Hi Joe, thx for your feedback. Sorry, but so far the word transmedia has not crossed my way. Would this also mean: combining different media channels and not only focussing on online? Btw.the book you contributed your foreword to will be out June 28th. A little delayed 🙁

  • Ross Hudgens

    Hey Joe, this definitely resonates with me as someone who has positioned my agency as “content marketing” coming from an SEO background. This is an accurate piece for the most part but the one thing I’d contest is this line near the top “SEO companies that are shelving the SEO business in response to Google Panda and Penguin updates”.

    I don’t believe any of us are really “shelving” SEO, we’re just repositioning our place in the market because pure “link building” is simply that – a strategy that likely will not gain long term results for our clients. Otherwise all of your criticisms of the market are definitely accurate, and something I am fighting against every day.

    Looking forward to learning more about the non-SEO focused content marketing practice by continued reading of this blog.

    • Joe Pulizzi

      Thanks Ross…thanks for the clarification. Most of that take on “shelving SEO” is coming from talking directly with many SEO agencies that, frankly, seem lost. They even say they “get” content marketing, but then after hearing their business model, they clearly don’t.

      I’m glad you are making the transition. Keep me posted.

    • Adria Saracino

      Loved to see you jump in on this conversation, Ross. Know what you mean by “fighting against it everyday.” I think SEO brings some valuable assets to creating successful content (such as on-page optimization and sound IA), and it has personally made me a more data-driven person considering how analytics-focused most in the industry are. But overall I agree that it is a battle moving the industry away from “campaigns” and “tactics” – basically just using “content” to get links and calling it content marketing.

      One day at a time, though, as they say, right?

  • Arnie Kuenn

    Joe – outstanding article and really appreciate the shout out for Vertical Measures. It has been a 3 year struggle to make the transition and many agencies have no idea what they are in for. “Cranking out content” is not content marketing. You may even think you get how to put together strategies, but do you really know how to work with a client to make sure they have an on-boarding process in place? Do you really understand the change in culture that is required? Most agencies have yet to run into those issues and so many more in order to really implement content marketing for a brand.

    We are trying to change habits that have been established for decades, heck like you said maybe 100 years or more. This does just happen because Google says it is now all about content. Unfortunately I agree with Craig. It is going to get worse before it gets better. Just like we saw when everyone was suddenly a social media expert, it will take some time to sort the wheat from the chaff.

    • Joe Pulizzi

      We better batten down the hatches my friend!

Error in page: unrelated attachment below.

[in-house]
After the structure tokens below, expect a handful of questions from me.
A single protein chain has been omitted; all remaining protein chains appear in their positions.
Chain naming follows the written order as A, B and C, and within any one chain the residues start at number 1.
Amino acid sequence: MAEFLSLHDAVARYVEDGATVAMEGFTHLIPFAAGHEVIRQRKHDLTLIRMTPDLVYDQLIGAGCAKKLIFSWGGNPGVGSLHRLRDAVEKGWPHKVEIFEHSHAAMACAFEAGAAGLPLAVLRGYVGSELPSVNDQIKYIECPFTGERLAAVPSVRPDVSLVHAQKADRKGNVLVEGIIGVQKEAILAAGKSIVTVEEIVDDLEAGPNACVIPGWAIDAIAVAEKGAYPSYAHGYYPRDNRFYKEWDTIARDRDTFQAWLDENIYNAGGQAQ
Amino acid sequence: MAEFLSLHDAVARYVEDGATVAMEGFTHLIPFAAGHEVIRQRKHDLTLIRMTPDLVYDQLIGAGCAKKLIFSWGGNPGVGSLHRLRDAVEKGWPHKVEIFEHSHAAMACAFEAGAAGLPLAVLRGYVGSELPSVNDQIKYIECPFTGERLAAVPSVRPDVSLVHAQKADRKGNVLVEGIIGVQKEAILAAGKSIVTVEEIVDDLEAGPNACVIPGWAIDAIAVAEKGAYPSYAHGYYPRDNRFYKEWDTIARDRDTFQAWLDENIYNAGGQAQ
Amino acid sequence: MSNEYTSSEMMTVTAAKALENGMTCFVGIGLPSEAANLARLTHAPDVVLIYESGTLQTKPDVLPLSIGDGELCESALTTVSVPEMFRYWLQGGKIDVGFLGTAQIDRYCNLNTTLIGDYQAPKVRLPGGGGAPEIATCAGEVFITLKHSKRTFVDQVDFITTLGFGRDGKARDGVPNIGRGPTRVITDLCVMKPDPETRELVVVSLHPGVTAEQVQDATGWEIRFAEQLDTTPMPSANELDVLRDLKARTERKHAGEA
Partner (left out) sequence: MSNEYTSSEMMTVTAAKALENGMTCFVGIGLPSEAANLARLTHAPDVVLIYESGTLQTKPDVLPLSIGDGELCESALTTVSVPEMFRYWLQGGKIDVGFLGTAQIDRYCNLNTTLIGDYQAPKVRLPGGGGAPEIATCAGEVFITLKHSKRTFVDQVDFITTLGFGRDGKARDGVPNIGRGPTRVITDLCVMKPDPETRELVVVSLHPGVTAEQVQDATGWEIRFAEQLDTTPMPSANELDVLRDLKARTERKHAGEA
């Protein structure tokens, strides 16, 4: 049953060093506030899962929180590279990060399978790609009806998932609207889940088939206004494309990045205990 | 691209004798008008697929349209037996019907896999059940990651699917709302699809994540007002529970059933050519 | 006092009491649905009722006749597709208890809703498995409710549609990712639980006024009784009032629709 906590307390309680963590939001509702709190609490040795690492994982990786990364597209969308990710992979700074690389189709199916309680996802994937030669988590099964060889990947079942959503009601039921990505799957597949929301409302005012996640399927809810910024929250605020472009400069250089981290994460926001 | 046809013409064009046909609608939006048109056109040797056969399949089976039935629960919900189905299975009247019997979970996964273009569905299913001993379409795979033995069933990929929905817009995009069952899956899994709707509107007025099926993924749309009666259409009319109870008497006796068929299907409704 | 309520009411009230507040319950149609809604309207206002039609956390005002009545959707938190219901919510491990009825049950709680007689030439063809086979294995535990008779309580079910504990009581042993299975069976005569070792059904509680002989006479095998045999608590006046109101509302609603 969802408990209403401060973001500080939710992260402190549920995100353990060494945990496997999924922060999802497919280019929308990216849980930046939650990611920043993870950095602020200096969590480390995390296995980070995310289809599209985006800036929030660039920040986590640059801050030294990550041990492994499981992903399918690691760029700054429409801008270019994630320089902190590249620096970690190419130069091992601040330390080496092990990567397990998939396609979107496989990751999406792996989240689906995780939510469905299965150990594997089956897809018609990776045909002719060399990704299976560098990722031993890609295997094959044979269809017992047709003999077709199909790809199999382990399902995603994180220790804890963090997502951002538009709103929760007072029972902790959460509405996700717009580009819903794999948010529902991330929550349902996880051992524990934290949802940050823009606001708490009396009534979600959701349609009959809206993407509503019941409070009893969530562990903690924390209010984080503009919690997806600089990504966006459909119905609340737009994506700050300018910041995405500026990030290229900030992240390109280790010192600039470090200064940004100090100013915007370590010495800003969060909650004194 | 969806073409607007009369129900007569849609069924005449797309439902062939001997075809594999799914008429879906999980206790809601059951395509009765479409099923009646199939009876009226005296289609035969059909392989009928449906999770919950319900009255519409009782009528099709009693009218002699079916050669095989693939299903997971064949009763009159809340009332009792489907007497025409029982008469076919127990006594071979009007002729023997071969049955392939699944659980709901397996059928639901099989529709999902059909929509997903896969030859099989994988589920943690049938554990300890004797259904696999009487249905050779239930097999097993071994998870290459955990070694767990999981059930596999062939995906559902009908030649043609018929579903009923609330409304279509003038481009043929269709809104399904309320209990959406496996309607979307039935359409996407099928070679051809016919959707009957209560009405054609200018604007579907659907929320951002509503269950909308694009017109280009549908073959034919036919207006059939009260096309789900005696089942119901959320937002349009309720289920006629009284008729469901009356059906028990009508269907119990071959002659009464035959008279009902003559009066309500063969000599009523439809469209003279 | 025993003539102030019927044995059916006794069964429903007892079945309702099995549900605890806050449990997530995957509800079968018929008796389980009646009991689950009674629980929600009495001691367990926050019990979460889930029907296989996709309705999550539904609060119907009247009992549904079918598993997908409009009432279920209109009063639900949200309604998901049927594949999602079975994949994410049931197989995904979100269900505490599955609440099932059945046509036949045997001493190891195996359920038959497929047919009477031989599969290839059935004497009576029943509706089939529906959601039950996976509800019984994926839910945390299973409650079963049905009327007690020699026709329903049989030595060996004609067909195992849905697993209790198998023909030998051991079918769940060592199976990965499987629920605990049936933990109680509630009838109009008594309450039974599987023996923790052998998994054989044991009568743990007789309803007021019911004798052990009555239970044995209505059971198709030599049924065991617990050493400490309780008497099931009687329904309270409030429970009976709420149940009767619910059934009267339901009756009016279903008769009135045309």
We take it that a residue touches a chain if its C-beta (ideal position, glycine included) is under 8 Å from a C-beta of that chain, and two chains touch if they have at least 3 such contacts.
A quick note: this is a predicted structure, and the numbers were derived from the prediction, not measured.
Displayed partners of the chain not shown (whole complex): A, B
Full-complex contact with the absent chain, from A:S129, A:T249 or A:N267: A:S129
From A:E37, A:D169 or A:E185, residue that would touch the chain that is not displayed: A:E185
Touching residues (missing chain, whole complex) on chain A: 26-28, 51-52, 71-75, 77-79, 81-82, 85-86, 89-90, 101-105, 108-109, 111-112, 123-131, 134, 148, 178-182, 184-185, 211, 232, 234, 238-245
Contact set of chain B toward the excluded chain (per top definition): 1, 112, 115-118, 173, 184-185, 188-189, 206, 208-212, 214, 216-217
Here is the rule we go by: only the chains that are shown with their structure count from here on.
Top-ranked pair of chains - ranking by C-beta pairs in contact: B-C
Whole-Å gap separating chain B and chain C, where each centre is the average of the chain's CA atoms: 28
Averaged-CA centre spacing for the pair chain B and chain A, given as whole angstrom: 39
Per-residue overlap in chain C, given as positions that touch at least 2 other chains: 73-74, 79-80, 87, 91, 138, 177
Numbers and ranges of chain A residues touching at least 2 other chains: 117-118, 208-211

Great take!

      • Arnie Kuenn

        Yep, almost a year ago I wrote a post called “Content Marketing and SEO: a Marriage Made in Mountain View” (referring to Google of course): Once Google takes a stand, the SEO world tends to act – for better or worse.

  • Scott Frangos

    Excellent points from “The Godfather”. We are seeing the same things in the Portland/Seattle markets. It sort of shocked me when Rand Fishkin, the successful CEO of SEOmoz out of Seattle stated that he hadn’t really understood that SEO was a part of marketing — this observation came about 12 months ago. You know, just as Content Marketing harkens back to decades of Publishing principles, I think part of what we are seeing is a back to the future, back to basics and foundational principles movement. Principles of good Marketing Communications, Publishing, and Journalism/Copy Writing go way back and still apply (now more than ever) in our current rapid fire era.

    • Joe Pulizzi

      Thanks Scott…I actually didn’t know that about Rand (wow!). You are correct…it’s all coming back to telling the best story. Is it possible that the last 50 years are just a blip in 2000 years of storytelling?

    • Mike Tekula

      Hey Scott might you be able to share a link/reference on that point about Rand from SEOmoz? Curious to read more on that.

  • Lee Odden

    Thanks for an insightful post Joe. Practice what you preach, optimize holistically, strategy AND tactics, and the long term view are all home runs in my book.

    On #2, I’d have to say that SEO in the right hands is actually effective across the entire sales cycle. In fact, the best SEO work pulls prospects educated by others’ content to conversion by being the best answer for “buying signal” keywords. Buyers search during discovery, across the funnel and after.

    At this stage in the industry, I think what SEOs are doing in many cases is adopting content marketing as a quantitative approach (more is better) vs. just focusing on a certain stage in the funnel. They’re also viewing content through the lens of link building (great content attracts more links and social shares) rather than as a marketing strategy.